Here to clear the air

Vauxhall Grandland X Hybrid Review

Vauxhall’s answer to the best-selling Mitsubishi Outlander is a fairly decent car, but looks expensive. 

  • Battery size: 13.2 kWh
  • Miles per £: 16.2 (electric)
  • Battery warranty: 3 years / 60,000 mi
  • Emissions: 36g / km
  • Range: 35 miles
  • Vauxhall Grandland Hybrid
  • Vauxhall Grandland Hybrid
  • Vauxhall Grandland Hybrid
  • Vauxhall Grandland Hybrid
  • Vauxhall Grandland Hybrid
  • Vauxhall Grandland Hybrid

Tom Says

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6/10

“The Hybrid4 gets two electric motors and a 1.6-litre engine to deliver 296bhp to  - you guessed it - all four wheels and a 35-mile e-range. It’s fine, but there’s a lot of premium competition for the H4’s ambitious pricing. One for the PCP/business deal brigade.”

Nicki Says

5/10

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“This is a car I really struggle to get excited by. For the same money as top versions you could buy a rival with a premium badge which will hold its value and drive better. Underneath is shares most of its parts with the Peugeot 3008, and that looks much more interesting too.”

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Vauxhall Grandland Hybrid

Vauxhall used to be the king of the company car world, with massive sales to businesses who supplied the nation’s driving employees. But the world is changing, with electrified vehicles like the Mitsubishi Outlander PHEV making far more financial sense for company car drivers as a result of Benefit-in-Kind taxes. 

Vauxhall’s somewhat belated fight back is this, the Grandland X Hybrid4. The mid-sized family car joins the Corsa-e EV in the company’s electrified line-up. 

It’s a development of the already familiar petrol and diesel versions of the Grandland, but it uses a 1.6-litre four-cylinder petrol engine that develops 197bhp on its own, while two electric motors — one on each axle — combine to develop an additional 108bhp.

Working together, the Hybrid4 has an impressive total of 296bhp at its disposal, with the power sent to all four wheels via an eight-speed automatic transmission. As a result, the car is capable of 0-60mph in 5.9 seconds – that’s surprisingly quick for a car of this type. 

Vauxhall claims the car can return up to 225mpg, though our mixed test route left us with a 117mpg readout after starting with a full battery. The electric power allows for up to 35 miles of zero-emission driving, which can cover most commuting distances.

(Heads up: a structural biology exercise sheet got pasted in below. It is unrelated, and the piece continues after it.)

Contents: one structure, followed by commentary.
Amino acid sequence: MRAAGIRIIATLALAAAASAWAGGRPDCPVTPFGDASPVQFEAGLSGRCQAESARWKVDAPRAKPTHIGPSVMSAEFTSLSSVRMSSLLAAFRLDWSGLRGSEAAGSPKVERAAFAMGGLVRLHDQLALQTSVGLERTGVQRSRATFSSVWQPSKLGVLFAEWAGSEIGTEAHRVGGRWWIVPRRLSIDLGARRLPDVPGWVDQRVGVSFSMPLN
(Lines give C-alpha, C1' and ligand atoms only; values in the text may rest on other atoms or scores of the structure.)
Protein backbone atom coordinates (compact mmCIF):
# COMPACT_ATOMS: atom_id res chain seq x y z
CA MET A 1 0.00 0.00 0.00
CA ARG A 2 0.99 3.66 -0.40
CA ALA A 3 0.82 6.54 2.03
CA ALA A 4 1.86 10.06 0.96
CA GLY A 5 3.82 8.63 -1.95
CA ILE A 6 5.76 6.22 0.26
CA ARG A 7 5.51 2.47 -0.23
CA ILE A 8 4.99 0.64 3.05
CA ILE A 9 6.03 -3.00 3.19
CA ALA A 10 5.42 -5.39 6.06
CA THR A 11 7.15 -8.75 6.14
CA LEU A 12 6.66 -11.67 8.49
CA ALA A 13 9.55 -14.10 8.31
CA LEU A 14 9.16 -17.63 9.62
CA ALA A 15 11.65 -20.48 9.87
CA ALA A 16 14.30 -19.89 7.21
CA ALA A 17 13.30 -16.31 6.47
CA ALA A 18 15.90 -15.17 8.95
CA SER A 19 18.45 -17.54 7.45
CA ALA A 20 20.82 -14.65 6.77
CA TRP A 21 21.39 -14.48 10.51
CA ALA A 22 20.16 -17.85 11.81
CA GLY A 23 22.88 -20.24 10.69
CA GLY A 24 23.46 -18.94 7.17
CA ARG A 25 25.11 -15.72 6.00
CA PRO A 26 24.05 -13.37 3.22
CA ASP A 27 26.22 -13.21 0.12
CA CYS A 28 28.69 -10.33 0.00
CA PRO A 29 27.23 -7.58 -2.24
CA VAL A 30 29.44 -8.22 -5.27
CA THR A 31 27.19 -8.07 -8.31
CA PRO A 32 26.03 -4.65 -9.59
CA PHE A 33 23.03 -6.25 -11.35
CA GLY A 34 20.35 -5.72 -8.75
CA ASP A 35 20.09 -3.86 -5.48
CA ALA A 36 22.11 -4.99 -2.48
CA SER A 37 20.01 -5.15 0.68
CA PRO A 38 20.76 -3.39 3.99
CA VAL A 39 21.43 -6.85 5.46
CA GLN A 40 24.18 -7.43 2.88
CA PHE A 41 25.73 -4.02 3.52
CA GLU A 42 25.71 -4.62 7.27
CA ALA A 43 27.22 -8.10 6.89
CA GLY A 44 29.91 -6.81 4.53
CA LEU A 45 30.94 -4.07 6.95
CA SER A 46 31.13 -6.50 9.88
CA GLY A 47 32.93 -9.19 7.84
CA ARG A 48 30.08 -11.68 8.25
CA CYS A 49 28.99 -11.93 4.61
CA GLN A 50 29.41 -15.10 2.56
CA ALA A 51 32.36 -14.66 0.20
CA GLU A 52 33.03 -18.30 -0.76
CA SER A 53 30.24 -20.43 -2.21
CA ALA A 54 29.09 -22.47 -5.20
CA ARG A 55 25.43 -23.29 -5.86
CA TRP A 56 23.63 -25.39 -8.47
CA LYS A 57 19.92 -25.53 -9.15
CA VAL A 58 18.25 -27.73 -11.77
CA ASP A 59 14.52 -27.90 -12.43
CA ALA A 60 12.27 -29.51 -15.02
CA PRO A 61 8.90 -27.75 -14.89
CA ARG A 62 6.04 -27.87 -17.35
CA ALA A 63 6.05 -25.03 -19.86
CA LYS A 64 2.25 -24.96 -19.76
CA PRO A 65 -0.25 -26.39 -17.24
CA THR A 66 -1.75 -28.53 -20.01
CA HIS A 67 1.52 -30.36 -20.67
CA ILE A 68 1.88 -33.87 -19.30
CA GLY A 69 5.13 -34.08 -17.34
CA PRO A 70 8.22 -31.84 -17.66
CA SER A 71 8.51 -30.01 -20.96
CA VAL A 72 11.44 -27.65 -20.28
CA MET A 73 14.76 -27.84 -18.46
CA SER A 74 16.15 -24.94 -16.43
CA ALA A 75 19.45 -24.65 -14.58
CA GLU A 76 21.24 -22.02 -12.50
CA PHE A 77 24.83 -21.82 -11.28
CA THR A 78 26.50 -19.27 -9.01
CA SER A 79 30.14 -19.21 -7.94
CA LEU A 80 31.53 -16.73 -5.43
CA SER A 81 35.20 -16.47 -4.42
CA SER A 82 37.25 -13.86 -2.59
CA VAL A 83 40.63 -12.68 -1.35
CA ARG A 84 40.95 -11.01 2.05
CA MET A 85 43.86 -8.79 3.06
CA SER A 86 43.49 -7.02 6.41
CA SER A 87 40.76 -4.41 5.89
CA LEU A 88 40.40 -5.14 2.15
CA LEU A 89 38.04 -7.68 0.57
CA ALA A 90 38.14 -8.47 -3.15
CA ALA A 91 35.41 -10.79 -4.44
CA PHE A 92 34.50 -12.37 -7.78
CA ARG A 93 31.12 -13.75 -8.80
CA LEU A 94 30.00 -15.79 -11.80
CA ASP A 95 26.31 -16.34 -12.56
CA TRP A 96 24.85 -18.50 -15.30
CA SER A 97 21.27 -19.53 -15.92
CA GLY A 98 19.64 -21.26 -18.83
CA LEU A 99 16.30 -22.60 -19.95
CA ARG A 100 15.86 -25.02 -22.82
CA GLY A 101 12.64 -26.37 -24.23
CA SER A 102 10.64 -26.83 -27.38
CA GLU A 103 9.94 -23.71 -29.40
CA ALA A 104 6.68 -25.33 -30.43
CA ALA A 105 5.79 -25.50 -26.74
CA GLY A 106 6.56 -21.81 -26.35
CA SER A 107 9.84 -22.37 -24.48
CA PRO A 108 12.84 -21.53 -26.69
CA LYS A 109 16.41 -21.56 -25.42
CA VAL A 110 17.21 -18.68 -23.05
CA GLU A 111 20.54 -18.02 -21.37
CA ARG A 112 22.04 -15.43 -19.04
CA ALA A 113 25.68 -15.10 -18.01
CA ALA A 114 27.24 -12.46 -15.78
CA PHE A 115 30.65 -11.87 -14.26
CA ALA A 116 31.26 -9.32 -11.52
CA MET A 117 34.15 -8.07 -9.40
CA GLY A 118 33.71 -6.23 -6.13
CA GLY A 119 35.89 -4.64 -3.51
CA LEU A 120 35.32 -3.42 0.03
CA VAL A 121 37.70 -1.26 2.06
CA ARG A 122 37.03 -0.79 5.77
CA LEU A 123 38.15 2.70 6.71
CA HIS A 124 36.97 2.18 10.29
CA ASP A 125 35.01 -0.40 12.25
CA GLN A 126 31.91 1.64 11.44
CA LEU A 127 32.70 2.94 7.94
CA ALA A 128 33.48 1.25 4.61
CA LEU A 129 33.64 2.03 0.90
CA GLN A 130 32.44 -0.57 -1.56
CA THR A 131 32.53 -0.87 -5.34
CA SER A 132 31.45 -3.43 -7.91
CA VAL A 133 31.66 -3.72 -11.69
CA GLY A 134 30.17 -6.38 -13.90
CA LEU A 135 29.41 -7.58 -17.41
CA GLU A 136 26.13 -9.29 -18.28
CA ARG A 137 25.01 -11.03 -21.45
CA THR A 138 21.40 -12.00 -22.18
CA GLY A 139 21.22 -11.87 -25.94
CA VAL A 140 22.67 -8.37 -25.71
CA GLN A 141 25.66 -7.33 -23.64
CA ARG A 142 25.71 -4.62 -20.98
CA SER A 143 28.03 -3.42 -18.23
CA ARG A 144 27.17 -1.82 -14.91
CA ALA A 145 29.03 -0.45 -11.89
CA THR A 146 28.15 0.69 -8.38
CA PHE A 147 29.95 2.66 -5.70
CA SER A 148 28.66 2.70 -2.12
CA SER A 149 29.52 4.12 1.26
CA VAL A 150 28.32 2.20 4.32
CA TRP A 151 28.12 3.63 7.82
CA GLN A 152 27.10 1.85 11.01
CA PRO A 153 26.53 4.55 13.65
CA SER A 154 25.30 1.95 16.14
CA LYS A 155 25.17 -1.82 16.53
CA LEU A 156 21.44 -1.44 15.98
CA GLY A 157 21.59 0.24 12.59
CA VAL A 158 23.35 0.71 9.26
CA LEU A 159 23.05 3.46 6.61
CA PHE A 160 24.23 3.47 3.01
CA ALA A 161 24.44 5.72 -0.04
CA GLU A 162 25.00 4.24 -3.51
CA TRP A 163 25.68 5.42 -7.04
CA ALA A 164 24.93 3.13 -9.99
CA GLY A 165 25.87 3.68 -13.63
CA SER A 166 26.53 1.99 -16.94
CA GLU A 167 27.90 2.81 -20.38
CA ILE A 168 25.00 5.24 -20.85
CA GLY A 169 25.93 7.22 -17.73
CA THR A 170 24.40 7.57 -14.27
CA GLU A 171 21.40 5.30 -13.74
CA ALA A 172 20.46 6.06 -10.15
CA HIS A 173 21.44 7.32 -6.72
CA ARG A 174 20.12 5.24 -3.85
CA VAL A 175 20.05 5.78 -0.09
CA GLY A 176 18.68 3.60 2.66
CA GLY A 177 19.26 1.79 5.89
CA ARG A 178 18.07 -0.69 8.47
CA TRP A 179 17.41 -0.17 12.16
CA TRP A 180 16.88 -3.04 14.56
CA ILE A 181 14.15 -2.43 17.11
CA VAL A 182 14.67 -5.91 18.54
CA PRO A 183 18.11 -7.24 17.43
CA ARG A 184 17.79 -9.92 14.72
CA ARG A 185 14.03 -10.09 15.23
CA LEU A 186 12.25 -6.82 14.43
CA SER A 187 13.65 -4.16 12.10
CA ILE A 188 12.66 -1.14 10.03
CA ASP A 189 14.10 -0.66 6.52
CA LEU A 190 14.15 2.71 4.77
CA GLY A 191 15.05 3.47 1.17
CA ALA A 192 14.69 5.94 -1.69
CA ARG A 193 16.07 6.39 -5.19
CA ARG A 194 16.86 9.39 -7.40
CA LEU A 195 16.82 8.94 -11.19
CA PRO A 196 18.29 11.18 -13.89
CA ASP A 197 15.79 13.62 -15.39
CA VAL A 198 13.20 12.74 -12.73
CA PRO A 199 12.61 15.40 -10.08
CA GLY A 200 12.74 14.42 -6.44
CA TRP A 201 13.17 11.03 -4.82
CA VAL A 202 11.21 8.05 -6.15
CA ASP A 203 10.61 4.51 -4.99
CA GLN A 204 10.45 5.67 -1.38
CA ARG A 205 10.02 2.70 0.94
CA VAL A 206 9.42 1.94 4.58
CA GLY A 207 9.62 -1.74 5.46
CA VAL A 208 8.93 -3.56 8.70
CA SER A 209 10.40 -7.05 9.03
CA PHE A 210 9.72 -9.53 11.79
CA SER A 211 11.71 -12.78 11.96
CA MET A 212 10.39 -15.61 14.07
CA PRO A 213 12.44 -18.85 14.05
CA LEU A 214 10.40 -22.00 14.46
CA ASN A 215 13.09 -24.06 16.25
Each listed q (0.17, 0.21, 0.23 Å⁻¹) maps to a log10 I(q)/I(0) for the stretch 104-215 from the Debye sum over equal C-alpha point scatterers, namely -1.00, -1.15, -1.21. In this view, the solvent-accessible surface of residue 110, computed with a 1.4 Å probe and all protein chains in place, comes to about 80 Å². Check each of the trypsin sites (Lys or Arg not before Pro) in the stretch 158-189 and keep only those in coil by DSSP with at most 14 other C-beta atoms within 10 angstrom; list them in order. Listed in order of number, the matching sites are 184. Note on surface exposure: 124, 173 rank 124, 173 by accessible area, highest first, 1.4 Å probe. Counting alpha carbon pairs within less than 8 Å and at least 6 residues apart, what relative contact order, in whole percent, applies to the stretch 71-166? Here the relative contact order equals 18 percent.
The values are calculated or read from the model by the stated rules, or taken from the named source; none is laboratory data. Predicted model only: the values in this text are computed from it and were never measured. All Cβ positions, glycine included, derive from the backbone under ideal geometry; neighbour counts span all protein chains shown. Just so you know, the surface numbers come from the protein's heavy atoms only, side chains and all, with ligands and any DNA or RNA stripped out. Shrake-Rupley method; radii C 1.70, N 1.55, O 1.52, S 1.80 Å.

A less powerful and cheaper version with only two-wheel drive is being launched imminently, but we’ve not had a chance to try it yet and official figures for economy and emissions haven’t been announced either. We’ll update you as soon as they are. 


It’s safe to say the Grandland has never been the most exciting car in the world, and no injection of performance or power changes that. In fact steering and suspension feel as though they can’t really cope with any enthusiastic driving and you soon stop trying and just take things a little slower.

But there are things to like about the Grandland too. The eight-speed gearbox is smooth while, when working on its own, the petrol engine doesn’t sound too strained.

Inside the Grandland X is quite plain, with black soft-touch materials used throughout, but all feel up decent quality. But it’s not huge inside. Taller adults won’t find much head or legroom in the rear and the boot isn’t that large either, with the squarely-shaped 390-litre space smaller than the majority of its closest rivals.

Plump for the top spec Ultimate Nav version that we tried and you’ll see our biggest problem with the Grandland X though – the price.  At £46,650 it’s up against some pretty posh rivals.  Vauxhall expects the Business Edition Nav Premium to be the most popular trim level – especially with fleet buyers – and that looks more reasonably priced. 

It all adds up to a bit of a disappointment. The Grandland X isn’t terrible, but there are better PHEVs already on sale and plenty of others are arriving imminently. If your company car fleet manager will allow it, try rivals first. 

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